• Go to Website
  • Londres 247
    04100 Ciudad de México
    Del Carmen
    Coyoacán
    Mexico

Hemingway's Finca Vigía Havana, Cuba

Ernest Hemingway’s former house in Cuba, Finca Vigía is situated in the shabby suburb of San Francisco de Paula. Now owned by the Cuban government – supposedly confiscated from Mary Hemingway following the death of her husband – all his personal possessions remain in the house. Built in 1886 by Catalan architect Miguel Pascual y Baguer, Finca Vigía was sold to Hemingway around 1940. It is here that Hemingway wrote most of For Whom the Bell Tolls and The Old Man and the Sea.

Barbara Hepworth’s St Ives Home Cornwall, UK

Barbara Hepworth first came to St Ives – “her spiritual home” – with her husband Ben Nicholson and their family at the outbreak of war in 1939. She returned without Nicholson in 1949 and never left, living and working at Trewyn Studios until her death in 1975. “Finding Trewyn Studio was a sort of magic”, wrote Hepworth. “Here was a studio, a yard and garden where I could work in open air and space.” The site is now managed by Tate and remains true to the artist’s time – the gardens laid out as she designed them, punctuated by her large-scale bronze works. Offering a remarkable insight into the work and outlook of one of Britain’s most important 20th-century artists, sculptures in bronze, stone and wood are on display in the museum and garden, along with paintings, drawings and archive material. “Perhaps the most poignant space is that of Hepworth’s studio, which stands today filled with tools and unfinished works, was where she died in an accidental fire at the age of 72.”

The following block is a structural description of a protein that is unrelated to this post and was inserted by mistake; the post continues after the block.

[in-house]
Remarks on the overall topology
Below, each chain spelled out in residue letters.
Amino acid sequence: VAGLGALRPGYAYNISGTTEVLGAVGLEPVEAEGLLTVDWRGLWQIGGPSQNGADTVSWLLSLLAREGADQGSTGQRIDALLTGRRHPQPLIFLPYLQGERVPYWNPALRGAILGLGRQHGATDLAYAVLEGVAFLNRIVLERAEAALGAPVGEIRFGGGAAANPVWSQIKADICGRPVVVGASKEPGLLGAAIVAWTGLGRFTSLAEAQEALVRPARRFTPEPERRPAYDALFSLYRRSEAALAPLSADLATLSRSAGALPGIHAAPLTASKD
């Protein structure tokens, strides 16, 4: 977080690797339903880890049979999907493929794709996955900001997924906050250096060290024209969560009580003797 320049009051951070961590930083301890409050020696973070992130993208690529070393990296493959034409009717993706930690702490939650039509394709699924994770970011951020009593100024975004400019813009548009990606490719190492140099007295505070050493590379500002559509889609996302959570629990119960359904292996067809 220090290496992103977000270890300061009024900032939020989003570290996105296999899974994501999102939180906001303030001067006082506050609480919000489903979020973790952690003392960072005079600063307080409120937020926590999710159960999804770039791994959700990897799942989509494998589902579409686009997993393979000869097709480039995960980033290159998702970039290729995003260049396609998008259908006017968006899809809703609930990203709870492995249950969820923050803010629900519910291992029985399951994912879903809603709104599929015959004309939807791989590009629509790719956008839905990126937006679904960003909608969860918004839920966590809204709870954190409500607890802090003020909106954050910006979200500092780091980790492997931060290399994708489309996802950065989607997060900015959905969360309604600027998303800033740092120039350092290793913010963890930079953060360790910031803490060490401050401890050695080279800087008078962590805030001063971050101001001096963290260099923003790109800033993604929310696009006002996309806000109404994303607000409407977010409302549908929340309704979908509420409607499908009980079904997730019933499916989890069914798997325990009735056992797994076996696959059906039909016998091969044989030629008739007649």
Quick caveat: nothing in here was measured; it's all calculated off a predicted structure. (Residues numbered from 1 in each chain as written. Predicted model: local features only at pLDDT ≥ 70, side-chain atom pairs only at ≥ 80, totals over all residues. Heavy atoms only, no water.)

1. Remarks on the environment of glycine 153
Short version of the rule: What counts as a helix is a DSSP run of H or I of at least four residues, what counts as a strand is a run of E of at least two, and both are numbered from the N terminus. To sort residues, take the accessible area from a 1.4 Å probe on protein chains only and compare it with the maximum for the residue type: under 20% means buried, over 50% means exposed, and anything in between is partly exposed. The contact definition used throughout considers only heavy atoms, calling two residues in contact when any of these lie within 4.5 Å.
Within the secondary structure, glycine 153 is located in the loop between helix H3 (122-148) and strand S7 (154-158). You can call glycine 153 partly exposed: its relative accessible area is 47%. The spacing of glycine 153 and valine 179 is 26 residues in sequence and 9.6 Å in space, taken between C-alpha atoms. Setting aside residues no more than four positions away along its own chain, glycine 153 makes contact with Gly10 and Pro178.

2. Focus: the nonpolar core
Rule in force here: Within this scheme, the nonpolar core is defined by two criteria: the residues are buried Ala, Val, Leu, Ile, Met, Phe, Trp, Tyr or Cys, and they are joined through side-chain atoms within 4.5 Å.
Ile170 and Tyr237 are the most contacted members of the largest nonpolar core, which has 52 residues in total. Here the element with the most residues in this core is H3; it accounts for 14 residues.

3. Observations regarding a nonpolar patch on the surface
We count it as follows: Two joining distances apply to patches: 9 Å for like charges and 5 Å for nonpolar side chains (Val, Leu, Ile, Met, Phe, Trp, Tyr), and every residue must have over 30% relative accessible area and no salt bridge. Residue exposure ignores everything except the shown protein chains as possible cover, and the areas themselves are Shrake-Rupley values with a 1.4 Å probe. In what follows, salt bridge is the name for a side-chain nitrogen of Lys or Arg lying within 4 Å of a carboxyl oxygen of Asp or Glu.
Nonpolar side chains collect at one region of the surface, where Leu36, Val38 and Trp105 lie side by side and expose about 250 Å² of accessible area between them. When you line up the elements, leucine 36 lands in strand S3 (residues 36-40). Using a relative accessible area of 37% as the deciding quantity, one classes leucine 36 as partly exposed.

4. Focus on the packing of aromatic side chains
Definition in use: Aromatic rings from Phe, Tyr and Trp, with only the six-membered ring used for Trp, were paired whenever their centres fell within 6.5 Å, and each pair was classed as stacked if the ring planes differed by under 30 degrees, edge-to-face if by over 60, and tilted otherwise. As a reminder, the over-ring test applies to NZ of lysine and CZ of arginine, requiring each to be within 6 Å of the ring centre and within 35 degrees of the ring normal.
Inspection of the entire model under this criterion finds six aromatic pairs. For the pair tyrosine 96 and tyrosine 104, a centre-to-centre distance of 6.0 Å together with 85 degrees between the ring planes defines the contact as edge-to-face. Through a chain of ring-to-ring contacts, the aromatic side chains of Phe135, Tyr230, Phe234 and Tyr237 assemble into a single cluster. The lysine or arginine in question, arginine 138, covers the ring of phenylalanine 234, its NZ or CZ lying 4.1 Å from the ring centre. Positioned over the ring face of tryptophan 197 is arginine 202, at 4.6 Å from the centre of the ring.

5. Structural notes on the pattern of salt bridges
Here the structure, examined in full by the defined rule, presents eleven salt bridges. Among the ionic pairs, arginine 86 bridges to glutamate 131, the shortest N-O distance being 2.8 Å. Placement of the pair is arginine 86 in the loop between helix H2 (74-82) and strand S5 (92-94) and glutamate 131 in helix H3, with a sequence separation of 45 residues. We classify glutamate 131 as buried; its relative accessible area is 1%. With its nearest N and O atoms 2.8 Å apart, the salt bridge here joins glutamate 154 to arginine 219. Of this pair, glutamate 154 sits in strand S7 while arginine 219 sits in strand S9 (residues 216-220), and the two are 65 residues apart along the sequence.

Pollock-Krasner House East Hampton, USA

In 1945, Pollock married fellow artist Lee Krasner and moved from New York City to Long Island’s East End. With a loan from art dealer Peggy Guggenheim, they purchased a small house overlooking Accabonac Creek in The Springs, near East Hampton. Soon after arriving, the newly married artists each had major breakthroughs. It is here in a converted storage barn that Pollock created his revolutionary drip paintings – evidenced in the wooden floor, which is liberally spattered with paint from his perambulations around the canvases. The couple’s home is maintained with all their furnishings and personal possessions, including their library and phonograph record collection.

  • +1 631 324 4929
  • Go to Website
  • Pollock-Krasner House
    East Hampton
    USA

Musée Matisse Nice, France

Matisse spent much of his later life – some 37 years – in and around Nice. Known primarily as a painter despite his skills as a draughtsman, printmaker and sculptor, his mastery of the language of colour and drawing won him recognition as a leading figure in modern art. The Matisse Museum offers a tasting of the artist’s life and works from the 1890 Nature Morte Aux Livres to his famed gouache cut-out.

  • +33 493 810 808
  • Go to Website
  • 164 Avenue des Arènes de Cimiez
    06000
    Nice
    France